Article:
Madam Justice Farbey also pointed out how, in an application for leave to seek judicial review, the applicant must satisfy the court that their grounds for judicial review were arguable with a reasonable prospect of success.

The judge said the formation and implementation of gender policies in schools involved complex social policy issues. She drew attention to the “long-established principle of the law of judicial review” that, with respect to social policy issues that raise multifactorial considerations for decision makers, “courts will be slow to intervene.”

Madam Justice Farbey said that in her judgment the plaintiff was “using the banner of the law in an attempt to persuade the court to enter into a political debate which is not amenable to judicial review”.

The judge added that the reasons did not raise any arguable public law issue and noted that even if she had not found that the plaintiff lacked standing to seek judicial review, leave would have been denied on the merits. motifs.

The teacher agreed to appeal the decision.

Responding to the High Court’s refusal to grant leave, Andrea Williams, chief executive of the Christian Legal Centre, said: “If there ever was a question of public law, these are the central issues in this case. They go to the heart of how we deal with confused elementary-aged children in our public schools.”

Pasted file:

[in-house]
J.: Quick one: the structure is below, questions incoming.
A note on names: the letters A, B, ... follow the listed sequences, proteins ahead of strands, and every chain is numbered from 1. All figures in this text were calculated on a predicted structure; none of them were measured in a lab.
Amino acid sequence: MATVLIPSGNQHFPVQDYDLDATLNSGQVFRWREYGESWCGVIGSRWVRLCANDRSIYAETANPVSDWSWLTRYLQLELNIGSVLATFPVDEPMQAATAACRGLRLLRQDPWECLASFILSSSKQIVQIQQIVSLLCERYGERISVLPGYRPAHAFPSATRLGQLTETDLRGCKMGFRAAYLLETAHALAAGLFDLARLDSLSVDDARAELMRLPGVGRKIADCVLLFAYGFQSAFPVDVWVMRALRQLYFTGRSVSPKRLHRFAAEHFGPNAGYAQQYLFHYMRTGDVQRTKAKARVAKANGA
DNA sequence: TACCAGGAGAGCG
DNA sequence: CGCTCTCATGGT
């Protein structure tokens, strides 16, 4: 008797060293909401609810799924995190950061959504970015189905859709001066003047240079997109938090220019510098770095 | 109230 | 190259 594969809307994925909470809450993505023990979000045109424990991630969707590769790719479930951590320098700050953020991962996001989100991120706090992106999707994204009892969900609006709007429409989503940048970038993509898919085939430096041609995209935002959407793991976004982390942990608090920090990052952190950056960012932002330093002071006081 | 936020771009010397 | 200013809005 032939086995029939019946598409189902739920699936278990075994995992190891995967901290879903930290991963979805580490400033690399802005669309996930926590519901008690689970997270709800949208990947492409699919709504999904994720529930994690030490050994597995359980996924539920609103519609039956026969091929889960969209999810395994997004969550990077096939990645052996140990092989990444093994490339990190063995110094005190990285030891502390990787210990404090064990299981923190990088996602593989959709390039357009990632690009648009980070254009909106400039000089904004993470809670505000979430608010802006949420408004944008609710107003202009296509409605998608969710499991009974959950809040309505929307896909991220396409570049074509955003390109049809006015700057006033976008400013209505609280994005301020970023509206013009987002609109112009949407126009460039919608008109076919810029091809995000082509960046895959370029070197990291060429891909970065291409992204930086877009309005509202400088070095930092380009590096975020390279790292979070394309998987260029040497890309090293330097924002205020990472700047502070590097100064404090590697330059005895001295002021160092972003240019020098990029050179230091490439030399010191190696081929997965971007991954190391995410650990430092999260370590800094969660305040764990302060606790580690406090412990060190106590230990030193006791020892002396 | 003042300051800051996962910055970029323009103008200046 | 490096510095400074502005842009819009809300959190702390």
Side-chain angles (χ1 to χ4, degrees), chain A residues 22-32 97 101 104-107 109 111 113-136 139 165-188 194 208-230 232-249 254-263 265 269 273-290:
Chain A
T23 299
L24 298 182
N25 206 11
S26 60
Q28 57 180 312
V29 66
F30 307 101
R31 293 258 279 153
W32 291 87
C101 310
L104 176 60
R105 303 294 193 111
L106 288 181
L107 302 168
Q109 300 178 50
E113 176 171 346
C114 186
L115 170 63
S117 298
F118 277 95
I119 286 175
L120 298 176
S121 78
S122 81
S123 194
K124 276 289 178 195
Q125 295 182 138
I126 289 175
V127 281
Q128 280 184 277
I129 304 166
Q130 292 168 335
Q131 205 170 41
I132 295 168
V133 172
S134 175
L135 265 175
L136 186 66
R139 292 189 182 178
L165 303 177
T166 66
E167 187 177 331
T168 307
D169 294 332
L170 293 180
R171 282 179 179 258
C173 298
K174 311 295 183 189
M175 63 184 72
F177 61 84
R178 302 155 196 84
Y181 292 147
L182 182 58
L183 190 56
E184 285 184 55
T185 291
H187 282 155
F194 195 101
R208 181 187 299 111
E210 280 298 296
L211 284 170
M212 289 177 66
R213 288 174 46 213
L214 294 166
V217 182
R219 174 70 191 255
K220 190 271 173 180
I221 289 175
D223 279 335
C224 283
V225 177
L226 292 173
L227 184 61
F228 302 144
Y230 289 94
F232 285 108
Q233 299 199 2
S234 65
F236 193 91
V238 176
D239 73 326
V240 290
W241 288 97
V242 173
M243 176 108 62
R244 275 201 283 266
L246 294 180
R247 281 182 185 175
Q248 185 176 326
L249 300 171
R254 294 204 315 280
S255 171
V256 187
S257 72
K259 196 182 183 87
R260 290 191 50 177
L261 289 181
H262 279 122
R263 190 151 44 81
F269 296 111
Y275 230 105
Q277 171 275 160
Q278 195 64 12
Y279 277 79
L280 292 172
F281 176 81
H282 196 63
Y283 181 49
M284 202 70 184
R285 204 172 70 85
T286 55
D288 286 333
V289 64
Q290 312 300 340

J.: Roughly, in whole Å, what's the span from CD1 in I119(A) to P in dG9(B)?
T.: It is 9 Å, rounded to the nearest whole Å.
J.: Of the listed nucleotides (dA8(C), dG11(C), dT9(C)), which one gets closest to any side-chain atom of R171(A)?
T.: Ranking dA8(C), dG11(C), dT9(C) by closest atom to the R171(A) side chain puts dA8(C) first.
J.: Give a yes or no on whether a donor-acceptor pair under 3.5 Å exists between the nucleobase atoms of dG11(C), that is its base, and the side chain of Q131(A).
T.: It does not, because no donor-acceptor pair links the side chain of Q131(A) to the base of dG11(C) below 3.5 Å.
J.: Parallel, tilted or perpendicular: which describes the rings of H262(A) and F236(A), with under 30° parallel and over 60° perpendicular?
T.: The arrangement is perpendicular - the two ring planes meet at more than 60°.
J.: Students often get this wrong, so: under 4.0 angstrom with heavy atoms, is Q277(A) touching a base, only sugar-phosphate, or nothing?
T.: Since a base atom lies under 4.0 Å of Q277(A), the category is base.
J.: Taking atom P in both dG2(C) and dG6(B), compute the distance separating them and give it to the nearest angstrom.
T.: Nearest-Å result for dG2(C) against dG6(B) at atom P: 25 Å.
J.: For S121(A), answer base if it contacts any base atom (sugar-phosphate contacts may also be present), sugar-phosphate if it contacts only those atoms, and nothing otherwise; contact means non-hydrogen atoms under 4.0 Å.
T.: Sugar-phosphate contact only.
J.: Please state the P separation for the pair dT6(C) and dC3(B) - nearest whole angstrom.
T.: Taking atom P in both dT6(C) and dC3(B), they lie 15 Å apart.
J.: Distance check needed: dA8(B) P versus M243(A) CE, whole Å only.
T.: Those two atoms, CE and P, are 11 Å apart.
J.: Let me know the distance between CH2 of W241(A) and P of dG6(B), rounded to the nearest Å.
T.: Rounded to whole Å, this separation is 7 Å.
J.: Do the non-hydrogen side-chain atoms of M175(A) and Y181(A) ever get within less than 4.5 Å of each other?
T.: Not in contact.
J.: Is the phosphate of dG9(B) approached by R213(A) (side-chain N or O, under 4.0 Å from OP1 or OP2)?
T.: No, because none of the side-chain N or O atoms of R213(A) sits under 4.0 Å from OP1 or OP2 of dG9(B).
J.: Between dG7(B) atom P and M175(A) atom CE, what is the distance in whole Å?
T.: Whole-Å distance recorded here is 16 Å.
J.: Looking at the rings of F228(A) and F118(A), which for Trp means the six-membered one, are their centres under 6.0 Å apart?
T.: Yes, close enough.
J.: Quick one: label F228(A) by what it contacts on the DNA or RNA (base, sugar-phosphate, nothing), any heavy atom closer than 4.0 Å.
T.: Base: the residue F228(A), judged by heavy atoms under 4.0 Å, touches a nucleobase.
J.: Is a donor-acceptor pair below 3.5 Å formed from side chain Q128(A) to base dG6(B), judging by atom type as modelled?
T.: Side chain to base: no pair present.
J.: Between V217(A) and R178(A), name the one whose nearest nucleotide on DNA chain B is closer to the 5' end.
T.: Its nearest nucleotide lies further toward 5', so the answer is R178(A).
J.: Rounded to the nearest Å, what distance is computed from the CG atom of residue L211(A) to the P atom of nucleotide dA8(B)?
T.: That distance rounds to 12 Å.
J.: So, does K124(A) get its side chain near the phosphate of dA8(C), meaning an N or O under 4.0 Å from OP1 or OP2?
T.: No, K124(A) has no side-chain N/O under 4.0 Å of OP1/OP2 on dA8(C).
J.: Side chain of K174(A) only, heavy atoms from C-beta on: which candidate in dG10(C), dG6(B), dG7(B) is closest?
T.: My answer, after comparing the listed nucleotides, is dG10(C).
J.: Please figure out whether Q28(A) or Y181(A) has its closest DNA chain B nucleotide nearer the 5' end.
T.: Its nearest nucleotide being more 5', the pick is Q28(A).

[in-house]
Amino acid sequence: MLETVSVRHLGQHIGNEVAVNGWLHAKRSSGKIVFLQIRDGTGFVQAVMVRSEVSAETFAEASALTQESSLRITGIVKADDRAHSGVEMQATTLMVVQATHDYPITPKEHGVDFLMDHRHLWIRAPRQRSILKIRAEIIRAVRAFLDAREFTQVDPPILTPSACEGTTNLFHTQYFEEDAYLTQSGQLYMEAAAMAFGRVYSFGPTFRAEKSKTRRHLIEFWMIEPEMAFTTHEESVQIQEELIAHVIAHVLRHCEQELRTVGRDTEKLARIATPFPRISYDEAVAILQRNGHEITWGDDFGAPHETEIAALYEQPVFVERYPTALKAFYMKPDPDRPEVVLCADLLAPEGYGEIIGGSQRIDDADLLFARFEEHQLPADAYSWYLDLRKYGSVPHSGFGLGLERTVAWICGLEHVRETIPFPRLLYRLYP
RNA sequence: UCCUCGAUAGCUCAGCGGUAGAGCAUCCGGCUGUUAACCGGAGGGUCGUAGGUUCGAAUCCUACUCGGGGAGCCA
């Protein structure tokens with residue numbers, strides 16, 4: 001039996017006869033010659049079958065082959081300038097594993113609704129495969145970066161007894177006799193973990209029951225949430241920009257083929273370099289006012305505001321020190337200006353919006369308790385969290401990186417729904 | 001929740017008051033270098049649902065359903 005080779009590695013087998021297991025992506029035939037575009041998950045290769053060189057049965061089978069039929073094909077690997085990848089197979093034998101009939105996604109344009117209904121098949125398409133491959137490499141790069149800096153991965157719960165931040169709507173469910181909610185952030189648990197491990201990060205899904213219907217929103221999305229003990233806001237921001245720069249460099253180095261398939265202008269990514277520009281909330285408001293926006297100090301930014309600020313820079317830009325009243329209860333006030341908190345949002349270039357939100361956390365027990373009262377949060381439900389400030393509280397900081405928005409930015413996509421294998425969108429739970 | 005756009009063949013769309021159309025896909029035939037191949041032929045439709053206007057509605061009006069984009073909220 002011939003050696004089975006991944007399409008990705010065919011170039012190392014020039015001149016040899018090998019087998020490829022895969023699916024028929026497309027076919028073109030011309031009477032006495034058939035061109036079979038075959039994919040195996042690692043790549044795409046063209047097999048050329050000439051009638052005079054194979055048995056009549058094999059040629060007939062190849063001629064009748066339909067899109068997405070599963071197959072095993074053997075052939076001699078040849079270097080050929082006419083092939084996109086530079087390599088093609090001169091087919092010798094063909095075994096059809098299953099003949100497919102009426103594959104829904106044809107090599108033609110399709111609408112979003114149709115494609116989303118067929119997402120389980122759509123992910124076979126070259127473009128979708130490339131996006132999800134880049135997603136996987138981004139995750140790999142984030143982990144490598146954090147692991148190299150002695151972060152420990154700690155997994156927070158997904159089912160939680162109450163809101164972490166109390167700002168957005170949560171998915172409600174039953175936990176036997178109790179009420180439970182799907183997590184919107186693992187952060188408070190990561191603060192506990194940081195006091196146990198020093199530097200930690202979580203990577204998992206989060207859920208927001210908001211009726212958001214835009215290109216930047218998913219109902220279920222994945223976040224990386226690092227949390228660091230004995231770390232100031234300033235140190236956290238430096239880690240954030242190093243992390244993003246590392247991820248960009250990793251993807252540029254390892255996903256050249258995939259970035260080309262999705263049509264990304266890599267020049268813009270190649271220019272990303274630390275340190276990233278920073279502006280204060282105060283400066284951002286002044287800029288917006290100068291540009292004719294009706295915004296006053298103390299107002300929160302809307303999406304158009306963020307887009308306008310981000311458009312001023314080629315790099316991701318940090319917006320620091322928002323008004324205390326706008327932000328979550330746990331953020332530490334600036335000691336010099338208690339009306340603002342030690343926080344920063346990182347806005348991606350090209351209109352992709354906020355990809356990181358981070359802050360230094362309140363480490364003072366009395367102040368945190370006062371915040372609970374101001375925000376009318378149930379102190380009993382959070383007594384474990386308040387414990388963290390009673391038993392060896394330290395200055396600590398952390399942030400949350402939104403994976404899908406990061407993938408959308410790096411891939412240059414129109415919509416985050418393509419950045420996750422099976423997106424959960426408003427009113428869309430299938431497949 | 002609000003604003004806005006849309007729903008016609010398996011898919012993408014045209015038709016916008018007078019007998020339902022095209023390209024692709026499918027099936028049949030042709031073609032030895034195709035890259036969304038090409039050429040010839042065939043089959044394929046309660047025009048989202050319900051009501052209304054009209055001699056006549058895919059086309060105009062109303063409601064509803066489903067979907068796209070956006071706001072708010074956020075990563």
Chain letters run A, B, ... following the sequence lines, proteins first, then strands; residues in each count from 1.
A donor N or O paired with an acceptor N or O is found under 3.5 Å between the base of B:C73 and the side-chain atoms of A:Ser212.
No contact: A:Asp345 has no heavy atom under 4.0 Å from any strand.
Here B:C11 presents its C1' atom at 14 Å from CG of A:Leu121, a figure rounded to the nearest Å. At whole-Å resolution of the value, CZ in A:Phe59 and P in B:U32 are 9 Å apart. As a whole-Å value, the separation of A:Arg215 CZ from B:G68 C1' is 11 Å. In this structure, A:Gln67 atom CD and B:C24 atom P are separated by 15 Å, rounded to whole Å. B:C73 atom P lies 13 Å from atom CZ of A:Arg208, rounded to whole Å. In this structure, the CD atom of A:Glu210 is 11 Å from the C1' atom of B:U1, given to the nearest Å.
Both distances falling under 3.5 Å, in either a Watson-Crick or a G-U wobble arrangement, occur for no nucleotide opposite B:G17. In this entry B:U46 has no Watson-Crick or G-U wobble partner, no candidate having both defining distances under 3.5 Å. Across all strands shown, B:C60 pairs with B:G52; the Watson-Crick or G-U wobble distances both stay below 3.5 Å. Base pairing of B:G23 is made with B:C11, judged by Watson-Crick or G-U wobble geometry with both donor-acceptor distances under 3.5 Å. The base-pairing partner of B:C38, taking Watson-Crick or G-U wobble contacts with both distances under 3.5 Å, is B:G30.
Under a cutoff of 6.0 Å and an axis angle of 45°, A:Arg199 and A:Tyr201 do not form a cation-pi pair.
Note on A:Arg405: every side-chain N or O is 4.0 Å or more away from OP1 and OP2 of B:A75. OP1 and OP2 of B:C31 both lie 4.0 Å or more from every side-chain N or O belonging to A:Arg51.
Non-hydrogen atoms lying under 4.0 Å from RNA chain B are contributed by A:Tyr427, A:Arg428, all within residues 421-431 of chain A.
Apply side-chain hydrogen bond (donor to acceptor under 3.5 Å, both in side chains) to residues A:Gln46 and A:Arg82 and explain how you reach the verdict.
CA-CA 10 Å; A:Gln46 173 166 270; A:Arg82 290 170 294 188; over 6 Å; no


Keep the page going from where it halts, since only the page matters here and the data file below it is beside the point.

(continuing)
She added: “It doesn’t end there. Our client is driven by compassion and care and will continue for as long as it takes to keep children safe in schools.

“We are disappointed by this decision but are determined to continue to defend the well-being of children.”

Along with the application for judicial review, the teacher is also in the process of appealing the board’s subsequent decision to fire her for viewing and sharing information about the student while pursuing the legal challenge. Christian Concern said that if the school rejects its appeal it is highly likely that it will take action in an employment tribunal.

Adam Carey